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The Body of Brooklyn

David Lazar

Publication Year: 2005

In The Body of Brooklyn David Lazar, an acclaimed essayist and prose stylist, offers a vividly detailed, hilarious, and touching recollection of his Brooklyn upbringing in the 1960s and 70s. His immigrant Jewish heritage and his bodily history—from the travails of childhood obesity to the sexual triumphs of post-adolescent leanness—form the core of this series of essays, all of which will win the interest and admiration of readers. Moreover, this film-flavored confection is so infused with Lazar's fascinating turn of mind and memory, forever digressing and reflecting upon his digressions, without ever losing the thread of his story, that his essays will give the reader the distinctive pleasure of witnessing an extraordinary mental performance.

Published by: University of Iowa Press

Title Page, Copyright Page

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pp. iii-iv

Contents

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pp. vii-

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Acknowledgments

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pp. ix-

I wish to thank and acknowledge the following publications, in which some of these essays first appeared: Southwest Review, “Movies Are a Mother to Me,” “Further Father: Remembering John Waterman” (reprinted in...

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Introduction

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pp. xi-xii

I experienced the autobiographical imperative early. When I was in sixth grade, I began an autobiography that I recall getting thirty pages of written (writ large, of course, with crayon). It was called “Who, Me?” and its thematic center was the proposition that...

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White Car

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pp. 1-8

If I could stop that car, see what was inside it. When I was young, I used to indulge in a fantasy borrowed from The Twilight Zone (or was it The Outer Limits?). I still go into it involuntarily sometimes, but shake it off guiltily. I am in a room full of people, a party, an auditorium, on the street. I can stop time, and...

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Melon Man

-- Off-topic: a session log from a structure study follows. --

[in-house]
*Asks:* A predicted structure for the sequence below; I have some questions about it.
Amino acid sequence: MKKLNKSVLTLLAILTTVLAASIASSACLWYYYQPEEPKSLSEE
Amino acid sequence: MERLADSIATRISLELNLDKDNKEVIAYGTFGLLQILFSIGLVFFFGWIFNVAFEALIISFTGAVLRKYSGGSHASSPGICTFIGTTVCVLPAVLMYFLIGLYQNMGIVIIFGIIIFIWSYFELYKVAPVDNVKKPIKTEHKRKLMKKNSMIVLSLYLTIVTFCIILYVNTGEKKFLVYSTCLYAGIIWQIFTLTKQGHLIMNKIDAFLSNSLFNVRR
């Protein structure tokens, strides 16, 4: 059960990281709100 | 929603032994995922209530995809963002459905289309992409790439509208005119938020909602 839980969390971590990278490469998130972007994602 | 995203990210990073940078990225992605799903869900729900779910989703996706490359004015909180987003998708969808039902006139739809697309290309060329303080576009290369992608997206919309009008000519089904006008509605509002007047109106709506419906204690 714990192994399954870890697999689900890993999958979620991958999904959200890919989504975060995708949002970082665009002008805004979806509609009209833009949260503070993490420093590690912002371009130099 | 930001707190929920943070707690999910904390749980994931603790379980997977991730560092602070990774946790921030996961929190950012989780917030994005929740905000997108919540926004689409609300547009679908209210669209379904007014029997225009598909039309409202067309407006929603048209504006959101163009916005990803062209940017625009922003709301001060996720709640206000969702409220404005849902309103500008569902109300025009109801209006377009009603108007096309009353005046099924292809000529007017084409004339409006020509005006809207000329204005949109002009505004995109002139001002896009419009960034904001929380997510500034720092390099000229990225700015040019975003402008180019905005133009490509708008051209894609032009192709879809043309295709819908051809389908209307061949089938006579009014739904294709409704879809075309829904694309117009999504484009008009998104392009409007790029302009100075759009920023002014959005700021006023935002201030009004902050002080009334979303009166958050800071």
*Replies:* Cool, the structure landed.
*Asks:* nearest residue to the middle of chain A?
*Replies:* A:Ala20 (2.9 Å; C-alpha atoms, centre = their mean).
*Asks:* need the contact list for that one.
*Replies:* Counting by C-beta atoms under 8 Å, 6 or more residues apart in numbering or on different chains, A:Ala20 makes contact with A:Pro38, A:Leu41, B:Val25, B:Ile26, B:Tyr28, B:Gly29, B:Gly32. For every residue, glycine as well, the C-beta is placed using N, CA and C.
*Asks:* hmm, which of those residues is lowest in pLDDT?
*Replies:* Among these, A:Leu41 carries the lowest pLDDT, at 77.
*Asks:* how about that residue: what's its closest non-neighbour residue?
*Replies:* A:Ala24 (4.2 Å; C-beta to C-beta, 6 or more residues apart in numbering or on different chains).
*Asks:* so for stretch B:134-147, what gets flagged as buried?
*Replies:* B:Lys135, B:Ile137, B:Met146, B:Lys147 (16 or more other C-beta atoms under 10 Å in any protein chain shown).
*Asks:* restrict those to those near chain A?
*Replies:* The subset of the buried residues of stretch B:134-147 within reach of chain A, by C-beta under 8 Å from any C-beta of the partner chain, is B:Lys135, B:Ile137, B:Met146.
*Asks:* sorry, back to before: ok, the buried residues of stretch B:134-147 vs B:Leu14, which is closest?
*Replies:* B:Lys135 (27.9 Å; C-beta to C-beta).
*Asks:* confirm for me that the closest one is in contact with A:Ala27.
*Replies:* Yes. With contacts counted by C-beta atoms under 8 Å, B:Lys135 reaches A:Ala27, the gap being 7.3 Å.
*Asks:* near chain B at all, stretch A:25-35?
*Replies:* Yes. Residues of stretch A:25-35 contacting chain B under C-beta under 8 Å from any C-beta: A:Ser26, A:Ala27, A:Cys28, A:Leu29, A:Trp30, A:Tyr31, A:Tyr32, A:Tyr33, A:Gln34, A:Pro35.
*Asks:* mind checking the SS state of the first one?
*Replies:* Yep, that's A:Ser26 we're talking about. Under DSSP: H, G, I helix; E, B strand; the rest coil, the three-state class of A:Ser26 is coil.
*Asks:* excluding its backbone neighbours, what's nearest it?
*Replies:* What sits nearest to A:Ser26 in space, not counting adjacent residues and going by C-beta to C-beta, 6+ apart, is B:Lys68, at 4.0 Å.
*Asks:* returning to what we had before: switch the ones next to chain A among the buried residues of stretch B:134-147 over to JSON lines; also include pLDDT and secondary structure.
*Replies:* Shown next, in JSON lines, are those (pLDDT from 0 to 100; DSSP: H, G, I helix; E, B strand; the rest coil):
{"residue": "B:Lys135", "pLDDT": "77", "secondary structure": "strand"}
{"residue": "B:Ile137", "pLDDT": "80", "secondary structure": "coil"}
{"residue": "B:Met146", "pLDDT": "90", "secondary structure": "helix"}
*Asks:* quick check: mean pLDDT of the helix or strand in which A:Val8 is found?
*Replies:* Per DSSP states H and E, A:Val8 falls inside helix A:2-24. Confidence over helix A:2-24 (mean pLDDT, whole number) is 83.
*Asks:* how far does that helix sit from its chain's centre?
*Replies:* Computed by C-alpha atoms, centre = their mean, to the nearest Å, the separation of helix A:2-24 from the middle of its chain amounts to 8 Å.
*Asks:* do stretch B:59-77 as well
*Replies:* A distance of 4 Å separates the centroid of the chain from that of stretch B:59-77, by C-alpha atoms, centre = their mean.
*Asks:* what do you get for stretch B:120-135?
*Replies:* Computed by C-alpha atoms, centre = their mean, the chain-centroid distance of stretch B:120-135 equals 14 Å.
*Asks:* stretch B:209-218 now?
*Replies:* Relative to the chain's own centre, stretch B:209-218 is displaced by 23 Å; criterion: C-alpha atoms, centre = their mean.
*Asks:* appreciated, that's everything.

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pp. 9-15

I remember the melon man in terms so impossibly caricatured that his image is indelible. In childhood, not yet jaundiced by experience, our visual taste buds not yet dulled, we see with a clarity that seems exaggerated to the older, larger, more worldly....

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Grottoes: Memories of Christaphobia

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pp. 16-20

I think I know where, if not precisely when, I first discovered landscape: two grottoes in Brooklyn, by (with? in?) Our Lady of Grace and St. Joseph’s Catholic churches. I walked by each frequently. They were always so quiet, well tended, with pine trees and distant statuary on the lawn, forbidden...

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The Body of Brooklyn

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pp. 21-61

This is what I thought the lyrics were when I was a boy, when I was an adolescent. This is what I heard. The words made sense, a mysterious kind of sense, no doubt, but I understood why the body should be so far...

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Distant Voice

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pp. 62-65

I remember waking with a start, noticing the time on my digital clock—7:14—and standing up on my platform bed. I stepped lively over my sleeping lover and bounded to the table where the ringing phone lay. I expected to be told that my mother was dead; she had been degenerating for....